Saving money is a frequent topic of conversation for service members during the month of February. Between the receipt of tax refunds by early filers, the America Saves and Military Saves campaigns run by the Consumer Federation of America, and the Save Your Refund contest, many people are promoting savings.
The Military Families Learning Network is sponsoring a free webinar called Savings Strategies for Military Families on Tuesday, Feb. 16 at 11 a.m. ET. The webinar will cover reasons for saving money, including peace of mind and to have cash available for emergencies and future financial goals.
To calculate how much savings is required to achieve a financial goal, divide the amount needed by the time (e.g., number of months) available to save. For example, if you want to save $5,000 by next year, you’ll need to put aside $416.67 ($5,000 divided by 12) a month, or $96.15 ($5,000 divided by 52) a week. Use this worksheet to develop a savings plan.
Many people say, “There’s no way I can save any money!” However, later, they find that they can save when they really put their minds to it. Below are seven saving strategies to get started:
- Pay Yourself First (PYF) – Make saving an “expense” in your spending plan, just like rent or loan payments. To make PYF easy, automate savings through an employer credit union or retirement savings plan or through monthly transfers from a checking account to a savings account or money market fund.
- Continue Paying A Loan – If you’re about to pay off a car loan or student loan, continue making the same monthly payment – to yourself! You are already used to making this payment so you won’t feel deprived.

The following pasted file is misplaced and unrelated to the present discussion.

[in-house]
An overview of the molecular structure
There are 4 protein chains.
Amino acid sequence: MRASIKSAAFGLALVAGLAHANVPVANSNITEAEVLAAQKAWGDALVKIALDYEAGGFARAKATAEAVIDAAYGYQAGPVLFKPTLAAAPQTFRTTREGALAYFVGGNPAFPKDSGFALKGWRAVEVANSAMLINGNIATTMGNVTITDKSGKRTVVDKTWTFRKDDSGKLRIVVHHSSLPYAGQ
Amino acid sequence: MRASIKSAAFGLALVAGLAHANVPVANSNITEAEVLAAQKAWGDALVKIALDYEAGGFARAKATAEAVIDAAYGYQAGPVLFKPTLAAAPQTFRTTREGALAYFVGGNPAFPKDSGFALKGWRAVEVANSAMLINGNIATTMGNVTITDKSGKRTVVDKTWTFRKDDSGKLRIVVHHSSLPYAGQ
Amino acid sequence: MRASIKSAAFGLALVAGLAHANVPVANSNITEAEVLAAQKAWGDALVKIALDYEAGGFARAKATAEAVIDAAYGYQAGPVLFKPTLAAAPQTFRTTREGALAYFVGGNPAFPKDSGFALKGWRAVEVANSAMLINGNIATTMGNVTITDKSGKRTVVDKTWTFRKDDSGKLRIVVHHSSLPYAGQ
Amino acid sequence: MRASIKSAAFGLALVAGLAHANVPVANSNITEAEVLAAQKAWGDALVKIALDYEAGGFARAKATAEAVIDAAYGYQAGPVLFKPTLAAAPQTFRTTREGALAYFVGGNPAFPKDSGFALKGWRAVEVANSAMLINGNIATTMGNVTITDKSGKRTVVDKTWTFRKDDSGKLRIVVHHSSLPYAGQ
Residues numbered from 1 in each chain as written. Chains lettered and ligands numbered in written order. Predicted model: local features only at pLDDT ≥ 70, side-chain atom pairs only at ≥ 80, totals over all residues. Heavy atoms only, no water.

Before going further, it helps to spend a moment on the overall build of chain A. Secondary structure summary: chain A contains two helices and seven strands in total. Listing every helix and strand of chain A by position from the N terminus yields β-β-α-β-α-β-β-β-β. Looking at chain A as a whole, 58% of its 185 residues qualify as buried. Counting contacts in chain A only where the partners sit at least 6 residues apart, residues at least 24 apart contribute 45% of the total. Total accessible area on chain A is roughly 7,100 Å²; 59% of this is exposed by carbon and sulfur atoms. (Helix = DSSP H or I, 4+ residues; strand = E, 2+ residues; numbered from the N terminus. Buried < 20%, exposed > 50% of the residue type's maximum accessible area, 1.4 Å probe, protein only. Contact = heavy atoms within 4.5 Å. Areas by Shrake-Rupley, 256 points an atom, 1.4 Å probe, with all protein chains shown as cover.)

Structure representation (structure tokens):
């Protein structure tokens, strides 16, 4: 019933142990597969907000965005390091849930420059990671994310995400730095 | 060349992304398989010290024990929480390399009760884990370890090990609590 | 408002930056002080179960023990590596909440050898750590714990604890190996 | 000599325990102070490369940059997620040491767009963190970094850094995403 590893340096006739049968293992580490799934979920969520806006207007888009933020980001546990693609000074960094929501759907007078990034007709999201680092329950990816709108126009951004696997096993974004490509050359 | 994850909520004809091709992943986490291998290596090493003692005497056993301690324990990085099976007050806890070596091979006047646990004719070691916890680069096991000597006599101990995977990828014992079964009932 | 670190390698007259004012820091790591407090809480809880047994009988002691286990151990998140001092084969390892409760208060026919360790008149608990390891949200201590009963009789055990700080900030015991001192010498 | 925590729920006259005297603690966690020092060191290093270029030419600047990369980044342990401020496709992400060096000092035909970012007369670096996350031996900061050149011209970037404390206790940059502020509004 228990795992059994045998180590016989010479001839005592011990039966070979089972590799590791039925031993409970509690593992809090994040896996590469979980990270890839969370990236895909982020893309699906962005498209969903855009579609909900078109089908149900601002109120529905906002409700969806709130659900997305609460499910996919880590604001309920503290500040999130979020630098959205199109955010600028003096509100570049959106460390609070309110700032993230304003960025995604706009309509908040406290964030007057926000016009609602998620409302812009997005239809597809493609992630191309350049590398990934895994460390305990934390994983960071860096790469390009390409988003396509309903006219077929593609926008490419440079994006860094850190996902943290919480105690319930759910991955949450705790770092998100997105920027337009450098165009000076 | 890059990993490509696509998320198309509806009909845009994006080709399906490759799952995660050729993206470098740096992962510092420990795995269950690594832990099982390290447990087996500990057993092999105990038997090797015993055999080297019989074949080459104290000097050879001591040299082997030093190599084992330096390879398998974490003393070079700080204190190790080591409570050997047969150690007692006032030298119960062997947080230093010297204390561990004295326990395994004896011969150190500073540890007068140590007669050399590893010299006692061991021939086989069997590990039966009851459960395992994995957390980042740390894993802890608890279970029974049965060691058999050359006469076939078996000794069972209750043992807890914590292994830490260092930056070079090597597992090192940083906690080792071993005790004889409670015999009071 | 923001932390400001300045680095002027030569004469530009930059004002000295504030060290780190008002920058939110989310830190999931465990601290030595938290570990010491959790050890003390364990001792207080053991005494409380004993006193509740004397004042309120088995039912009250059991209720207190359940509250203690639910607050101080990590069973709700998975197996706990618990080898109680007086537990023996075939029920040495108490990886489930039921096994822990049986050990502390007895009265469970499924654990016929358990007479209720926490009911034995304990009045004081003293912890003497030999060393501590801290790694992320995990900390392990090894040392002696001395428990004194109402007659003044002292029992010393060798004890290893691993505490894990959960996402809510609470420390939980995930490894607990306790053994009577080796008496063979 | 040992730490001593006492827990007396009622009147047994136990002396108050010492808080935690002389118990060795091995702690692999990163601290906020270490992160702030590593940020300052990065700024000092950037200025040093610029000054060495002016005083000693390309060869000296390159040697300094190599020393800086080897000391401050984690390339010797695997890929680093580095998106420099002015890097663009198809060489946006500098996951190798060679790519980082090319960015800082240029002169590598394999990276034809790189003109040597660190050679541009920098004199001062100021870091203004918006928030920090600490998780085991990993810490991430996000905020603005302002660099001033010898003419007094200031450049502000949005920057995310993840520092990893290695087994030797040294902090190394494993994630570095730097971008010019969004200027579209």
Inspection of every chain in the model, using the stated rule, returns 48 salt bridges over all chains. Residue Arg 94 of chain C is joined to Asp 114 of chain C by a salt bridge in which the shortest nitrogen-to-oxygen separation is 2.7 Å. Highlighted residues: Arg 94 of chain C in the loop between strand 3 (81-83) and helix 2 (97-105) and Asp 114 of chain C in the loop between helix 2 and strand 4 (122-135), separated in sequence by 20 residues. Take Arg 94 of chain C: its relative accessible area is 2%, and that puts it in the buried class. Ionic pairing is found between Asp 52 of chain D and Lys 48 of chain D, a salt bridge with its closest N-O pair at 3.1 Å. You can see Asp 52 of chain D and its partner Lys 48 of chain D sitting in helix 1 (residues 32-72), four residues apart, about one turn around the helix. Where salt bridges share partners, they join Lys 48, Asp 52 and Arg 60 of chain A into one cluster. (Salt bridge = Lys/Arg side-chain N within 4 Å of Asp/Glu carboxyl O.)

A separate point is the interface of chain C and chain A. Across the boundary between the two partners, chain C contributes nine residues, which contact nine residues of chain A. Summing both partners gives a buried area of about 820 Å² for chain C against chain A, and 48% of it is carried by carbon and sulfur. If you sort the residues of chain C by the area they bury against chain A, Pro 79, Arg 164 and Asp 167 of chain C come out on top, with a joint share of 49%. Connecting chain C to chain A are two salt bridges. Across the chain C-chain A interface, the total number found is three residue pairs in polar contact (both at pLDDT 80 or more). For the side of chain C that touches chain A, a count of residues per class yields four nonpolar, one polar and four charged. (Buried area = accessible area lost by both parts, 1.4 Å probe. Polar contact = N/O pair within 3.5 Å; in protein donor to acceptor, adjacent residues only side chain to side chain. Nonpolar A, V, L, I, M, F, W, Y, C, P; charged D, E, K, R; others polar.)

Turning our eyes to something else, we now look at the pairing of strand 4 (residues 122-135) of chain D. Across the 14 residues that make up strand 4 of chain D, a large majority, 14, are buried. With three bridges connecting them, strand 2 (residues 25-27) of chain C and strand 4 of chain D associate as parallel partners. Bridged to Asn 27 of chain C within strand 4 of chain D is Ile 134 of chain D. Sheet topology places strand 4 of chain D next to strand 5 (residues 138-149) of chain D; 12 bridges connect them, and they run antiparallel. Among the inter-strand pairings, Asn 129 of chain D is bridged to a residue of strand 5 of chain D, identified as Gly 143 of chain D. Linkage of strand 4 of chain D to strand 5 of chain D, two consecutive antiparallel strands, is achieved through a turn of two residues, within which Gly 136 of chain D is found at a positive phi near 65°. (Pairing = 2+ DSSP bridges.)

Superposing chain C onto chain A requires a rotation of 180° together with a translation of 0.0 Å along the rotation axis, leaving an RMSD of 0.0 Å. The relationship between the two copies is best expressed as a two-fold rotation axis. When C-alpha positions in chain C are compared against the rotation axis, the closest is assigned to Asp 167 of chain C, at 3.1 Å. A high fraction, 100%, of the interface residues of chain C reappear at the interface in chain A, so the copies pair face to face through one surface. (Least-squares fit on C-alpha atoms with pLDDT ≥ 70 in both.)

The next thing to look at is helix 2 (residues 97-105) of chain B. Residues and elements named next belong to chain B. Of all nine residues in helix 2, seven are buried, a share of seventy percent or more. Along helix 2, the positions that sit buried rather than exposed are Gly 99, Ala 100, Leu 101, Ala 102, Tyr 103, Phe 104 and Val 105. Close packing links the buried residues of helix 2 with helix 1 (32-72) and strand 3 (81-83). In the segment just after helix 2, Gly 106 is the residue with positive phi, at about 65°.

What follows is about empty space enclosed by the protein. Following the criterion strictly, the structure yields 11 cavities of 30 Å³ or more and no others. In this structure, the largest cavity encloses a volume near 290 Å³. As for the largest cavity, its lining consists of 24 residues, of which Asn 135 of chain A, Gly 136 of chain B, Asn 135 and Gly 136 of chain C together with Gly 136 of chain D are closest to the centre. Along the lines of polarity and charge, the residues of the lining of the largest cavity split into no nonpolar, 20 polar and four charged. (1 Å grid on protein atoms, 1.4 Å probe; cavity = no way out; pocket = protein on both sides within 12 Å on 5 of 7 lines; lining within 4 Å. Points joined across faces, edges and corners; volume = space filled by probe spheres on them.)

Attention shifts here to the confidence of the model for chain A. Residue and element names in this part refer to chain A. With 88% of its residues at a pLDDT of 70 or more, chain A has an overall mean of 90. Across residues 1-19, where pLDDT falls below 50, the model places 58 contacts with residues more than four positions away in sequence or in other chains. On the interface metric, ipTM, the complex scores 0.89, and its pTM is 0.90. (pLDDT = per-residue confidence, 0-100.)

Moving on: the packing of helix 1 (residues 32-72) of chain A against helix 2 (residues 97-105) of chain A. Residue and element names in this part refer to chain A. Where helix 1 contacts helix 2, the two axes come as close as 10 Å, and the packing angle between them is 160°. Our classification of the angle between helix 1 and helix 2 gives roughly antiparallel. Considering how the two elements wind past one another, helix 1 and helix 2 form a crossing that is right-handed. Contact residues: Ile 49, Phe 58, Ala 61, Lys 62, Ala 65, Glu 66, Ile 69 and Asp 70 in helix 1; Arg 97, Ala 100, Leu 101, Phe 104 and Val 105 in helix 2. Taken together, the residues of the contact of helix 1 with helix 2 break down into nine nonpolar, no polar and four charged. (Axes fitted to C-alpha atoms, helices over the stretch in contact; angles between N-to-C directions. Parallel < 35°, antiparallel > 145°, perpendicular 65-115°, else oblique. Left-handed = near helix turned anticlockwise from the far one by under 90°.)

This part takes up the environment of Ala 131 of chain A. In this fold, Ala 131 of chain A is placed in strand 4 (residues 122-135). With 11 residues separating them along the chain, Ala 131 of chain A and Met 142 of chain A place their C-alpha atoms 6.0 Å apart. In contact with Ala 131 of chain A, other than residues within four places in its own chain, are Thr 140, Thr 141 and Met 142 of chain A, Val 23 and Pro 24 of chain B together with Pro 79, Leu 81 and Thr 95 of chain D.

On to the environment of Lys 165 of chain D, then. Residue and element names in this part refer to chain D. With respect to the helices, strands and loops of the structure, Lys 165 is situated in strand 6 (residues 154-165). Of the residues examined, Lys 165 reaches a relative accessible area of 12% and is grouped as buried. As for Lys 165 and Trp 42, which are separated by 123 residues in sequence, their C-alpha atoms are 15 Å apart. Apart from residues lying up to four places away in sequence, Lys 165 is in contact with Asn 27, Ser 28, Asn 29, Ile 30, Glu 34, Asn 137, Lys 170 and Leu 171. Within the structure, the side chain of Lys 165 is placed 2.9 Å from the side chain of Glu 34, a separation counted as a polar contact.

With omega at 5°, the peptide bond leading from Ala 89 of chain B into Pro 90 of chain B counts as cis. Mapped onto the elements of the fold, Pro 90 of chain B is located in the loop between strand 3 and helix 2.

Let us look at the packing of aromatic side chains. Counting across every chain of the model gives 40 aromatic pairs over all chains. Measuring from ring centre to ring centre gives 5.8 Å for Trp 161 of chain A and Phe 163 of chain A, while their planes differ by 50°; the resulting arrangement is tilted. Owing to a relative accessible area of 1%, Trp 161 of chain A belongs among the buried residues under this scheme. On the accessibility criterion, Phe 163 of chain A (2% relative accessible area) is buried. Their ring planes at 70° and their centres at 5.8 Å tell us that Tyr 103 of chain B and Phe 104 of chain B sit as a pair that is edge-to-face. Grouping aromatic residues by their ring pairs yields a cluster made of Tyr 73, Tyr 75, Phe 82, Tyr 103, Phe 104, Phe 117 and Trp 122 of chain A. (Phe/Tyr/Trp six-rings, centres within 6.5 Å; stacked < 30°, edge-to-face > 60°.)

- Bank A Windfall – Whenever you receive unexpected money – an inheritance, bingo winnings, retroactive pay, an insurance dividend, etc. – put at least part of it into savings.
- Save “Extra” Paychecks – If you are paid bi-weekly, in two months of each year you will receive three paychecks. Employees who are paid weekly will receive an “extra” check in four months of each year. The months vary with each year’s calendar and the day on which you are paid. Save at least part of this money.
- Save Coupon Money – Set aside the amount you “save” by using coupons at a supermarket or drugstore. Your cash register receipt will indicate the amount that was saved. If you save $20 a week using coupons, put the “savings” (the money you did not spend) into savings account. That’s over $1,000 over the course of a year!
- Collect Loose Change – Empty out your pockets and wallet and put loose change in a jar. Then periodically deposit the change into a savings account. Studies show that over three-quarters of Americans have a stash of loose change and over half of Americans add to it regularly.
- Break an Expensive Habit – Every time you don’t buy a donut at coffee break or spend money in a vending machine, save the money you didn’t spend. Ditto for fancy coffee, lottery tickets, and other money “nibblers.”
Successful savers develop a spending plan (budget), include savings for emergencies and future financial goals as fixed “expenses,” and automate savings deposits so they don’t require ongoing self-control, Remember that small steps matter. If you want to save $1,000 in a year, pay attention to where nickels and dimes go every day. For more information about saving money, visit AmericaSaves.org.